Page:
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Fasting is the latest nutrition buzzword, but if you’re anything like us and you love eating, then you probably need a damn good reason to go for any length of time without food. Well, how does a longer life sound? What about reduced cancer risk? If that doesn’t do it for you, we’ll throw in improved body composition and blood cholesterol, all without calorie restriction. Sounds too good to be true, right? We get the lowdown on this hot topic from intermittent fasting (IF) expert and nutritionist Martin MacDonald.
What is intermittent fasting?
Flipping the grazing theory on its head, intermittent fasting involves fasting for either a day at a time or allocating a set window in the day when you eat all your meals, such as 1 p.m. to 9 p.m. Eating in this way is thought to aid weight loss and boost overall health, and it removes the need for calorie control. There are several types of fasting, so you can choose one that suits your lifestyle.
Why do it?
A longer life is a huge promise, and, after having been told to keep your metabolism firing on five to six small meals a day, we wouldn’t be surprised if you were a little skeptical. So how does IF work to help you live longer and slim down? One human study published in the American Journal of Clinical Nutrition found that after fasting, people didn’t eat as much as they would normally, creating a calorie deficit. “Perhaps one of the overriding factors as to why IF has been so successful is that it improves adherence to a good eating plan,” explains Martin. “Now we’re no longer scared of slowing our metabolism by skipping meals if there are no ideal choices around at the time.” This is great news if eating little and often has left you unsatisfied and inconvenienced.
“On an IF program the meals are larger—satisfying—and you can have healthy carb-filled dinners and still lose fat,” adds Martin.
IF has positive effects on growth hormone levels and insulin sensitivity, too. During extended fasting periods, growth hormone increases—a hormone that is key to building lean muscle and burning fat. “Exercising in a fasted state may also have some unique benefits that increase insulin sensitivity,” Martin adds. Try to arrange your “feed” so that it follows a gym session for best results.
The other bonus of IF is its effect on a hormone called insulin-like growth factor 1 (IGF-1). While we need this hormone earlier in life to grow, later in life it seems to speed up the aging process, and low levels of IGF-1 appear to protect people against cancer. “In times of fasting, IGF-1 goes down,” Martin explains. “It may be that IF allows for a ‘best of both worlds’ scenario, where the aging process is slowed without having to sacrifice vitality, body composition and bone health.”
Make IF work for you
If you think IF sounds too extreme for the average Joe, consider this: with a busy lifestyle, how likely are you to stick to the six-meals-a-day mantra without having to make occasional poor food choices due to inconvenience?
“Regular people with regular jobs are probably the most likely to benefit from IF,” says Martin. “Some hunger is natural; your body is not going to go into starvation mode. Just don’t eat when you don’t have access to good food.”
With IF, you don’t have to follow a specific diet, which means you can enjoy the foods you like to eat and forget about regimented plans.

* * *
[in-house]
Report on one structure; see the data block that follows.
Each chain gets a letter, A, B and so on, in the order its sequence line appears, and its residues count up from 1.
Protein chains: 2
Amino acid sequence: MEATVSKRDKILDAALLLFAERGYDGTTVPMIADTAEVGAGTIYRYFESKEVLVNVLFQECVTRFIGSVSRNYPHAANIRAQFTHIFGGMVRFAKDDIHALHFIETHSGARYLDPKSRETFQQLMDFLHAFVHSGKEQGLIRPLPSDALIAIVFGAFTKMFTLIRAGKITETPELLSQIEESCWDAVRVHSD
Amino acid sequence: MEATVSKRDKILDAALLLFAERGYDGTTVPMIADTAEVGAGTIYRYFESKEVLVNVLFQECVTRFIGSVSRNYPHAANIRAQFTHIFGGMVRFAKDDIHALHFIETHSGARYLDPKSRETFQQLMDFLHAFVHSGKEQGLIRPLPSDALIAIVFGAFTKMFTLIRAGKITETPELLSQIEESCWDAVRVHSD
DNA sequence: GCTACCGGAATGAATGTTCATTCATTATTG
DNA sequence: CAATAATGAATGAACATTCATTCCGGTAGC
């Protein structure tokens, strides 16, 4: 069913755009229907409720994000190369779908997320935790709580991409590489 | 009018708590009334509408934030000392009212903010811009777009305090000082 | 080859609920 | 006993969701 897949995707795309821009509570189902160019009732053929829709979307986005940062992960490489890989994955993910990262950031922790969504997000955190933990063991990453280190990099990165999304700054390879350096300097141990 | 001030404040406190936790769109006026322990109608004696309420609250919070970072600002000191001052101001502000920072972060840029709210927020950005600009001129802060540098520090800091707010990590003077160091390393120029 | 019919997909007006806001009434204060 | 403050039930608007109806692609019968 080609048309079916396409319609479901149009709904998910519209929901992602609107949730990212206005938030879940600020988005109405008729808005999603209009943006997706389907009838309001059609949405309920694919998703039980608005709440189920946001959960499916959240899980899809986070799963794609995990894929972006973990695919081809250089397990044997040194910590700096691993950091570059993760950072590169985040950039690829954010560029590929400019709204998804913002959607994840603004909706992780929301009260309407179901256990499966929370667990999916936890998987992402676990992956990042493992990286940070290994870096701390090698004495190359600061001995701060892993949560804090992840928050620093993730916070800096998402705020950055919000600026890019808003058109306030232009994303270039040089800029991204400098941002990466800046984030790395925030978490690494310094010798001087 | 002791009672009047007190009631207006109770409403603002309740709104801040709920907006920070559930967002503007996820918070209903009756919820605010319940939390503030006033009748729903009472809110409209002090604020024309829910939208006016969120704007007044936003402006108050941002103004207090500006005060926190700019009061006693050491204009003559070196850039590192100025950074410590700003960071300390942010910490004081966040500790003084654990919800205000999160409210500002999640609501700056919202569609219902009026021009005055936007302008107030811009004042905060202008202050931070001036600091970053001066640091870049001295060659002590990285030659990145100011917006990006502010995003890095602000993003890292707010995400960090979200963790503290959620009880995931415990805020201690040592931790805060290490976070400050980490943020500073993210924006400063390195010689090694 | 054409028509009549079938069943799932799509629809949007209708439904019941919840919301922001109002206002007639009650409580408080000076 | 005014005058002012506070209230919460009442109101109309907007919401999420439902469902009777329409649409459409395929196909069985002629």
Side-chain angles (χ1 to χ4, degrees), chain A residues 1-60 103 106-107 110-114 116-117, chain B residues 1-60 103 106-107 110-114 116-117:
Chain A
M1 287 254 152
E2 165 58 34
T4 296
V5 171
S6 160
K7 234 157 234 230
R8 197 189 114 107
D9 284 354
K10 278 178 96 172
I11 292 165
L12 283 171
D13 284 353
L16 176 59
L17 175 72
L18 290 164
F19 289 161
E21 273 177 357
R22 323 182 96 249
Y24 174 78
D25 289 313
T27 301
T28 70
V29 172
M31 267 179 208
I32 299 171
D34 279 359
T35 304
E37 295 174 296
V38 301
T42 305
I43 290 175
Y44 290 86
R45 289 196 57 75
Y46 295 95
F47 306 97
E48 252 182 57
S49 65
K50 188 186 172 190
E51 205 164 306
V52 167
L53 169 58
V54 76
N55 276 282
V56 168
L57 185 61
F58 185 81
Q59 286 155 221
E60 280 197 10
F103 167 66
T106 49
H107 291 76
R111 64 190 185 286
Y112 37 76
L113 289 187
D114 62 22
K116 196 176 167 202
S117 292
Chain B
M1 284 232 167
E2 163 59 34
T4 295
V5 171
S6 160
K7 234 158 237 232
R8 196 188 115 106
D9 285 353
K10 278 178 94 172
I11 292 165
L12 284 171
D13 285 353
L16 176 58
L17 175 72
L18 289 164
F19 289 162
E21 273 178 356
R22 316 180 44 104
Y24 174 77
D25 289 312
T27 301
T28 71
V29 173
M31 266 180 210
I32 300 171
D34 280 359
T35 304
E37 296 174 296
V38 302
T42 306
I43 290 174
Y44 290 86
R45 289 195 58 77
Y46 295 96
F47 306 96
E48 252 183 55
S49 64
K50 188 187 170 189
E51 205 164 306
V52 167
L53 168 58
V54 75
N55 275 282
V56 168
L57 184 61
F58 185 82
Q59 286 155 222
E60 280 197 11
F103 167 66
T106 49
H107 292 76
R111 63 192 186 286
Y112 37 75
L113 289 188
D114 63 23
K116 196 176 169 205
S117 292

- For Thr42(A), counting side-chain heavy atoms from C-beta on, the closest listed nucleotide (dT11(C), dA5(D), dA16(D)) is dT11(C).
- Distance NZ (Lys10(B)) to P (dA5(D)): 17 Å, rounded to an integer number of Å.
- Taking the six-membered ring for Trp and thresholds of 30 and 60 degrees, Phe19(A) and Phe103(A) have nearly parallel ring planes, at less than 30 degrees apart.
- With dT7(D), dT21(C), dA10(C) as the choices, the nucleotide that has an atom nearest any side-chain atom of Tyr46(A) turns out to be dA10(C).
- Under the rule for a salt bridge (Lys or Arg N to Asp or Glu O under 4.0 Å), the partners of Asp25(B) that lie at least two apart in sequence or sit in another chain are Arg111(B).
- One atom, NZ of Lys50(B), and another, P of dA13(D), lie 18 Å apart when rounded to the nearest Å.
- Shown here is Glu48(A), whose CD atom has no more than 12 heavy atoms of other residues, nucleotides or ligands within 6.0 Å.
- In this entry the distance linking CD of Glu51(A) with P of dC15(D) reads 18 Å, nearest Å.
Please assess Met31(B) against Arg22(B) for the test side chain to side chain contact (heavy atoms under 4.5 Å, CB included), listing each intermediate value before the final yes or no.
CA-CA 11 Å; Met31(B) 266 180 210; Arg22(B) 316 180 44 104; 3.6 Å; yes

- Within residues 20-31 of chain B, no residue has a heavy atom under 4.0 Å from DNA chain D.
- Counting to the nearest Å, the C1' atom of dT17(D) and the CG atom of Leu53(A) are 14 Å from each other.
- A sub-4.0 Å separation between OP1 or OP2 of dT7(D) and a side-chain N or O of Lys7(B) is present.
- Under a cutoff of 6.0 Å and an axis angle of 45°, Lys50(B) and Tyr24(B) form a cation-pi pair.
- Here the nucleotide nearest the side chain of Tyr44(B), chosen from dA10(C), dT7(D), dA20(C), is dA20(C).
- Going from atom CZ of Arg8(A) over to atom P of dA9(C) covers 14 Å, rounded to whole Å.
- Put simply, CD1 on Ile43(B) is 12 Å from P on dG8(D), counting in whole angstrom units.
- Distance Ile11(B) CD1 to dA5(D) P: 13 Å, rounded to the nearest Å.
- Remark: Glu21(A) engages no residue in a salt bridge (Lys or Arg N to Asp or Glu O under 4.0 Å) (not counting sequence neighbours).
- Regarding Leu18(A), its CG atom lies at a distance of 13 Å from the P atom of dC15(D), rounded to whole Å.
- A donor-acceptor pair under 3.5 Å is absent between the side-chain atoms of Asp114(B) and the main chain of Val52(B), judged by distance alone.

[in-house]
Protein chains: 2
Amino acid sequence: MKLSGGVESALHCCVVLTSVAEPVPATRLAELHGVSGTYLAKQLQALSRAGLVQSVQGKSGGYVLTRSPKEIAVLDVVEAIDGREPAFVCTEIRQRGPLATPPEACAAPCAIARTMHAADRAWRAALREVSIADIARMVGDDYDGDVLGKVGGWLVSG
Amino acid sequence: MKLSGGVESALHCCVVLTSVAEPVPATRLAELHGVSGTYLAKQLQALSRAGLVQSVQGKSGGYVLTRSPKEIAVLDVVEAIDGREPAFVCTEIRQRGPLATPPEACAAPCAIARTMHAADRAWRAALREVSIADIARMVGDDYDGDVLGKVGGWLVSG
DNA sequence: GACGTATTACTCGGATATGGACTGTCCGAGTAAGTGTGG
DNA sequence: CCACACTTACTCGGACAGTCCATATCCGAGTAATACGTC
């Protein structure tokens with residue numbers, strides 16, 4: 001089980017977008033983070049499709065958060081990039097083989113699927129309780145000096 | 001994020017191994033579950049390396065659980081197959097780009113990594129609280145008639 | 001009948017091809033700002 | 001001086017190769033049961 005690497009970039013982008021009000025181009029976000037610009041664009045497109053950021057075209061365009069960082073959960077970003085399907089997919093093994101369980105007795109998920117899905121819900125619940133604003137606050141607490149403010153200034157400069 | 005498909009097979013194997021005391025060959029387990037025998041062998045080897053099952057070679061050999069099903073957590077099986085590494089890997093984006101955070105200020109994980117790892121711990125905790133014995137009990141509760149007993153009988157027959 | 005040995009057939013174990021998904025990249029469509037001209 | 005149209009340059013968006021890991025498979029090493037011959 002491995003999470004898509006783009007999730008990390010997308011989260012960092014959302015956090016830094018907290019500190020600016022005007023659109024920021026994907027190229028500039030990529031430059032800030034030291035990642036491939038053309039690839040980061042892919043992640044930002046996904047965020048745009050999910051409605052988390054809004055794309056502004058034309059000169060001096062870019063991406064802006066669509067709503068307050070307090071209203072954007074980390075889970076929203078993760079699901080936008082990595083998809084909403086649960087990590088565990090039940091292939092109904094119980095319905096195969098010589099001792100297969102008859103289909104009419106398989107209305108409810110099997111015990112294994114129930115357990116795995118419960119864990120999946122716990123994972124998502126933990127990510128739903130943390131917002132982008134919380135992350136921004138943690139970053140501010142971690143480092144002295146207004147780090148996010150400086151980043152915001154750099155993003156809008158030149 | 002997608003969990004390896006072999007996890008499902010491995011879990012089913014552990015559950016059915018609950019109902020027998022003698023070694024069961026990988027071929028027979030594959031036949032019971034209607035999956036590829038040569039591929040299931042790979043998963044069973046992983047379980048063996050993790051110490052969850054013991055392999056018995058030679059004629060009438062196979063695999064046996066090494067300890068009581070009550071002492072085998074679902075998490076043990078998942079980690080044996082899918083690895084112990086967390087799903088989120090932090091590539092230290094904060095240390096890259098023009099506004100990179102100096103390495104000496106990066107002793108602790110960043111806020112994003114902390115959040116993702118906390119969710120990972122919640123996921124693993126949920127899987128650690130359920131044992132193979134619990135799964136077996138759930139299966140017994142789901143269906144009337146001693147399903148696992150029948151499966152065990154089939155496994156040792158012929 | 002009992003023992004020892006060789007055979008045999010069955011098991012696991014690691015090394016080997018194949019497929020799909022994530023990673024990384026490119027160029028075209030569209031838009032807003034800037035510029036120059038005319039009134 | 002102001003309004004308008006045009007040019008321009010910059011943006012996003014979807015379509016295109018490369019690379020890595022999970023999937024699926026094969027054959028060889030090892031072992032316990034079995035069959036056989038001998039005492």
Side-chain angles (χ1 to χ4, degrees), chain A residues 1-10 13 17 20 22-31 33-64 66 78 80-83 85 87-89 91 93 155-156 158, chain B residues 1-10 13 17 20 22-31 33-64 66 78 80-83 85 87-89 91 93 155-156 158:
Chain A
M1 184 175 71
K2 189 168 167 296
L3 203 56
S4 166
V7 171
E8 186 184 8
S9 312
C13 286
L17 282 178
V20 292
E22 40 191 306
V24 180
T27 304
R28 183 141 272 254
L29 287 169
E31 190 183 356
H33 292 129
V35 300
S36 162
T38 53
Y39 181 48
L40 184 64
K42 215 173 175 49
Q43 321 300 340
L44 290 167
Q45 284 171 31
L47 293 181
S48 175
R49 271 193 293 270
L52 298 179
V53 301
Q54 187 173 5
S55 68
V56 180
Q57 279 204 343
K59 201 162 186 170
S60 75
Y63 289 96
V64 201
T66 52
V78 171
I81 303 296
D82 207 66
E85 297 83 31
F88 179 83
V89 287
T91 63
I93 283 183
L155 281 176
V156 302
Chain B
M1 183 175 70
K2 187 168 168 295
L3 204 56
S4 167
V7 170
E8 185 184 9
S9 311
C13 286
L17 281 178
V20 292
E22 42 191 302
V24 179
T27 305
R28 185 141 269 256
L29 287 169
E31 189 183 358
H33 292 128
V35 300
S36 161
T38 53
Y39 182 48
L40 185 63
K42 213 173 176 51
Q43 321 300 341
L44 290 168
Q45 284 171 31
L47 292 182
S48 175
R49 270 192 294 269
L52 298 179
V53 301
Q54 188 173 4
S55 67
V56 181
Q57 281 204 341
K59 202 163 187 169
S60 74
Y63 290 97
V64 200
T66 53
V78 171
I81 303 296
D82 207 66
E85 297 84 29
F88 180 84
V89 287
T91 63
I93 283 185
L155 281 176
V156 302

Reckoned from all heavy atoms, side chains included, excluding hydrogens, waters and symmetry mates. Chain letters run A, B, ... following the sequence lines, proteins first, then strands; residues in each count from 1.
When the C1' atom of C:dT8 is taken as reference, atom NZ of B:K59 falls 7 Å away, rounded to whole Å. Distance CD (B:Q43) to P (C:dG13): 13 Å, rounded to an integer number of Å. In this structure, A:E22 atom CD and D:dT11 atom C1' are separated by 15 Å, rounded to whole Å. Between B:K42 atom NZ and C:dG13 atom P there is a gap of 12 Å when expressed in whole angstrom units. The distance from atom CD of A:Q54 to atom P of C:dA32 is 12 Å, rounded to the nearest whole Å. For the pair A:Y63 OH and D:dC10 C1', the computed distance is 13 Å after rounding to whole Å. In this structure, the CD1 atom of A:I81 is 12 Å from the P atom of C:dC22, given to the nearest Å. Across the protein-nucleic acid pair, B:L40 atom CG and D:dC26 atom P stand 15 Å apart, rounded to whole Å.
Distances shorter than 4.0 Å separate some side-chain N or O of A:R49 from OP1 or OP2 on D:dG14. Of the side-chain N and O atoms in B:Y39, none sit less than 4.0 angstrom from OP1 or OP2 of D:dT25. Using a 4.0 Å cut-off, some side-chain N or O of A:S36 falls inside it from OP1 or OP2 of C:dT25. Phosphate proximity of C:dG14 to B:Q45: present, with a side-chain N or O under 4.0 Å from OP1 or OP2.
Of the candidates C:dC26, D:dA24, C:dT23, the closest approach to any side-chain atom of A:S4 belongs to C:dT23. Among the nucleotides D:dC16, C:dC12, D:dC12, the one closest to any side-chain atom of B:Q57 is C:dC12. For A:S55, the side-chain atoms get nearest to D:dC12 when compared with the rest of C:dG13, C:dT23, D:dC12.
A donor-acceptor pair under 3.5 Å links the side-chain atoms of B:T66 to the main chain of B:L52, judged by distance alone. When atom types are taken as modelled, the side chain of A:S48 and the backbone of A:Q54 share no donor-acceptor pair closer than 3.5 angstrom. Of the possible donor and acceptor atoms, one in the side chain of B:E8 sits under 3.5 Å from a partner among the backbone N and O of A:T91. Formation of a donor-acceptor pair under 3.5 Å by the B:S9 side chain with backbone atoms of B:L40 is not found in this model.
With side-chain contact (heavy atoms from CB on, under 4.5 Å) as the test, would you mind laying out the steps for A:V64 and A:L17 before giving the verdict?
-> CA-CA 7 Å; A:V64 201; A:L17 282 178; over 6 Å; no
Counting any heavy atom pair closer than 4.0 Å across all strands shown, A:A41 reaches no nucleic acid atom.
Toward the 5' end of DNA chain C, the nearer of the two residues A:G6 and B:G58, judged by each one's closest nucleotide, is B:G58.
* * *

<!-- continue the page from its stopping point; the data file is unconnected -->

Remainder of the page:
“When intermittent fasting, it’s important to pick foods that allow you to hit your protein intake,” Martin adds. “This is easier than you think. If you switch from regular yogurt to Greek yogurt for instance, you’ll get double the protein in one serving. A variety of carbohydrates and good fats are also required to supply you with energy.”
Who shouldn’t do it?
IF isn’t for everyone. Don’t try it if you’re pregnant or a type 1 diabetic. “Type 1 diabetics using insulin can have hypoglycaemic episodes if they go for long periods without food,” Martin says.
Choose your plan
Find a fasting method that best suits your lifestyle. Here are a few of the options:
This is pretty straightforward: fast for an entire day, and the following day, eat whatever you like.
“The benefit here is that you’re only ‘dieting’ 50 per cent of the time, albeit with absolutely no food,” explains Martin. “We usually see body fat lost with this method, but going without food for an entire day is difficult, and it doesn’t allow for exercise on fasting days.”
With this type of fast, you eat within a certain window of the day only. “This may be the best type for individuals who exercise regularly,” says Martin. “It limits the amount of time you can eat each day, and depending on which type you do, this could be anywhere between two to eight hours, which generally fits around exercise and occurs later in the day for social and sleep benefits.” You’ll need to consume all calories within your feeding window in one to four meals.
Extended nighttime fast
“This type of fast essentially means skipping breakfast or dinner to extend the time without food during sleep,” says Martin. “It’s similar to windowed eating but it’s more flexible.”
It’s not strictly fasting; it’s more about restricting calories for two days a week. A less dramatic version of IF, it means setting aside two non-consecutive days where you eat no more than 600 calories. “It can lead to an improvement in a number of health markers,” says Martin. “Prolonged periods without food increase the body’s sensitivity to hormones like insulin, which reverses insulin resistance, the first stage of type 2 diabetes.”•